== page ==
Guest Post: Eli of Coach Daddy on Teaching Our Kids Important Things, Even In The Summer

photo credit: Wedding Trooper #3 via photopin (license)
photo credit: Wedding Trooper #3 via photopin (license)

Some of my best friends these days live in the internet. Eli is one such friend.

He is one of the first people I really connected with when I began my blog journey and ever since, he has become a close friend, confidant, and encourager. He is wise, compassionate, and always good for comedic relief.

He hosted me on his blog and has been one of my biggest fans and supporters. Eli makes fatherhood look good and I so appreciate his male perspective on parenting. I am honored to have him on Three Boys and a Mom today with a few tidbits on how to sneak in some summer education with our kiddos.

Without further adieu, I give you my friend, Eli. Enjoy!

Sneaky Ways a Dad Can Homeschool This Summer

Defendants on Matlock never seem to learn, do they?

They take the down-home old guy for a bumpkin. He appears sharp as a marshmallow and savvy as a sloth. Before you know it, he’s three questions into a cross-examination that has them confessing to the crime in plenty of time for another Metamucil commercial.

See, it works in similar ways for dads, too.

Oh sure – TV makes us dads out to be champion doofuses. We’re basically mom’s oldest kid, but with lots more leg hair. We might not ever graduate from Star Wars and the Swimsuit Issue, but we dads, we can sneak attack with our own agendas – undetected.

Aw, shucks.

When my girls ask questions, from the quantifiable (What is a bonfire?) to the complex (Would you die for me, daddy?), I jot them down and answer them in my weekly feature, Go Ask Daddy. I ask them questions, from Q4KIDZ, and their answers amaze me.

If your kids are like my girls, summer is the last place they want to find learning.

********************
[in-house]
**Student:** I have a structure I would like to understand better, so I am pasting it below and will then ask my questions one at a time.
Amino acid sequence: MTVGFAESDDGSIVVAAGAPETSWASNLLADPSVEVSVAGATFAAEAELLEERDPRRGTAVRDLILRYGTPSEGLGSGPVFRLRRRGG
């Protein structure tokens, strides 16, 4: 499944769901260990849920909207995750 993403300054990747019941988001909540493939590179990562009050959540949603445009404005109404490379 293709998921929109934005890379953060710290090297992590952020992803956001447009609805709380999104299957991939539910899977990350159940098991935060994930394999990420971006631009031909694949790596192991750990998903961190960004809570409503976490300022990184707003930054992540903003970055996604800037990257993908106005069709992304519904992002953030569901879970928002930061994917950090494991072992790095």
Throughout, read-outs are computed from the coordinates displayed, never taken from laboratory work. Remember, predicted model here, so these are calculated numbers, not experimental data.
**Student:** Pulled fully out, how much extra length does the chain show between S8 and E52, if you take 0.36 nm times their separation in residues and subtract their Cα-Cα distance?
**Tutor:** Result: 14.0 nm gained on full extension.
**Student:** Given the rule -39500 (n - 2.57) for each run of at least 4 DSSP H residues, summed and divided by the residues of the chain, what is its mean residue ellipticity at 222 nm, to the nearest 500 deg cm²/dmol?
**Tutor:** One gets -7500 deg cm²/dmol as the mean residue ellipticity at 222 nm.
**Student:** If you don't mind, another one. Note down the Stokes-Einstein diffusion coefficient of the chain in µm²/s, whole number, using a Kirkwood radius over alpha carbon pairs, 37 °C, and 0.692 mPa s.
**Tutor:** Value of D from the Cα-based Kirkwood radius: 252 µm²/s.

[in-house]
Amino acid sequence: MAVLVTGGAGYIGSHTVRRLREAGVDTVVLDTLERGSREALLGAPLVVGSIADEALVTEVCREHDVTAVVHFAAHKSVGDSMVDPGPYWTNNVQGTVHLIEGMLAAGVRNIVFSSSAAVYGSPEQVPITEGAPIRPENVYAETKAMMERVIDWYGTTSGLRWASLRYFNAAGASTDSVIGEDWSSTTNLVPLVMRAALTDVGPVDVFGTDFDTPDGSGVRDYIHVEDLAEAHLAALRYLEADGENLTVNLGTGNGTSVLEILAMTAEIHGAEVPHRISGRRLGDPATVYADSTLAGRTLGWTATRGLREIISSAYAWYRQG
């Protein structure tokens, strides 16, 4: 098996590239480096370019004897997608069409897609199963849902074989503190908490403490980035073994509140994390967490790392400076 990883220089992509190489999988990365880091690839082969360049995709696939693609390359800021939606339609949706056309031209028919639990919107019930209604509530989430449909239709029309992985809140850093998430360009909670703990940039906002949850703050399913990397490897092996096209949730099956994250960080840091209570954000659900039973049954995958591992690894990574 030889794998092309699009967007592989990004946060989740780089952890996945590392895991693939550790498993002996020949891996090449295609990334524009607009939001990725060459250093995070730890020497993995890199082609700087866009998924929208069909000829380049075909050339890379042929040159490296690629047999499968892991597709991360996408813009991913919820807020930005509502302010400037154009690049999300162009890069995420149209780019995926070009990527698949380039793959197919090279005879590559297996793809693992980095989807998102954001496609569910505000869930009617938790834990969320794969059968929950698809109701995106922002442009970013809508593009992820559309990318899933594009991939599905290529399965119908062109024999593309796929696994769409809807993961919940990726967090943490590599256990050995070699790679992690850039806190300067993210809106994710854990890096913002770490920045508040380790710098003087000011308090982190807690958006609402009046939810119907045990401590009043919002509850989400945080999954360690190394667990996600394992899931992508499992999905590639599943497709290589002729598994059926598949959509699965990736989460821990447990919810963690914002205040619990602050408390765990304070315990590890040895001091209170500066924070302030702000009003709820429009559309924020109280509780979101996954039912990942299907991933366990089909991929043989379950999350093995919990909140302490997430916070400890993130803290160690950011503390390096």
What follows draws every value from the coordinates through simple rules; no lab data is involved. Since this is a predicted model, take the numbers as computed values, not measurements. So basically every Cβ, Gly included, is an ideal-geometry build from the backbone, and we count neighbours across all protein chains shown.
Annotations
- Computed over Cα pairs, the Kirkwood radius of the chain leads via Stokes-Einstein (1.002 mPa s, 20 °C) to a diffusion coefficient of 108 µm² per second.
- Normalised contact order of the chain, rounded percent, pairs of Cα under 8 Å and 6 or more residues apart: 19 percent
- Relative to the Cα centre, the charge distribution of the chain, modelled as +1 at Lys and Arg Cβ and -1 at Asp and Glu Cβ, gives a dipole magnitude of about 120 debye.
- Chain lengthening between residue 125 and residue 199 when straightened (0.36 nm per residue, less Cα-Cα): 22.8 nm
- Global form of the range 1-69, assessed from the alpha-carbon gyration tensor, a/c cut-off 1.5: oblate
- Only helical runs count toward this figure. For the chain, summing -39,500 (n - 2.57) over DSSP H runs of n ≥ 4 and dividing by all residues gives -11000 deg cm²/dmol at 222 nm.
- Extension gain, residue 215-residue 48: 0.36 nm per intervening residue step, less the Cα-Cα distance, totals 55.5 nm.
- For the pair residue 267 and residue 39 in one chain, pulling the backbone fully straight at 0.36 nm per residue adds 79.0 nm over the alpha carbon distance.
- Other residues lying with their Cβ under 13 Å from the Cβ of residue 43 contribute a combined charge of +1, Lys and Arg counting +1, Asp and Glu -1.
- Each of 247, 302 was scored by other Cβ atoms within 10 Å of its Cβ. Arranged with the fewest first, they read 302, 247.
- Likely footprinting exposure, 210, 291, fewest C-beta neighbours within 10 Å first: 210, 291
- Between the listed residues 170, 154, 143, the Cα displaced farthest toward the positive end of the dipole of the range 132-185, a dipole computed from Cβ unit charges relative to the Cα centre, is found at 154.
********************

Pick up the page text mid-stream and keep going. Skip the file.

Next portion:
They think they can pick it off, like diced spinach masquerading as dried oregano in lasagna. Not so fast, youngsters. You have to get up pretty early in the morning to pull one over on dad.

Okay, maybe more than one. Or many. We haven’t perfected this thing, but we can hold our own.

Here’s what I do.


I love the idea of reading the book, then watching the movie.

My youngest daughter, Grace age 10, read “Misty of Chincoteague” and I couldn’t wait to watch the movie with her. Same with her sisters, Marie (14) and Elise (17), when they read The Outsiders.” (Finally, a book I’d read too!)

It’s easy to do this with the Hunger Games books and movies. I want them to talk about the differences, and describe how they saw it in their minds.


The grocery store is perfect.

I have the girls get items on my list. It isn’t just a benefit to me! They must find it, and on sale. They check the price per pound/ounce. And they know which cheeses melt best on my grilled hamburgers – and which cheeses are best for tacos.

Good little shoppers.


photo credit: Riff via photopin (license)
photo credit: Riff via photopin (license)
Oh, and the music.

We always play “Who Sings This?” in the car. They’re becoming champs. Sometimes they need clues. I love the memory and style recognition that comes into play. They might not have heard a song before, but they can tell by the horn section that it’s Chicago.

Plus, they can school the boys when it comes to 70s rock.


Sports give us a thousand lessons.

Pass a soccer ball or football to a moving target, and practice geometry. My girls scribble down a soccer formation and lineup, to work on strategy. They’ll memorize NFL divisions.

We’ve watched the Charlotte Bobcats (now Hornets) trail by double digits and figured the quick math to their unlikely comeback.

Away from numbers, my girls and I have learned lessons on the pitch together. We’ve learned to win with humility and lose with dignity. We’ve conquered adversity and weathered prosperity. We’ve mourned losses and reveled in absurd success.

We’ve navigated rough fields and angry opponents and the wonderment that is a referee’s discretion.

Mostly, we’ve learned what’s possible when you come together for a common love.

If that’s the only lesson learned from dad’s sneaky homeschool curriculum, I’d say that’s a win.

I rest my case.

When he’s not compiling six-word posts or sticking up for his gender, Eli Pacheco is a father of three, a soccer coach, and writer of the blog Coach Daddy. Follow him on Google Plus, Pinterest and Twitter.

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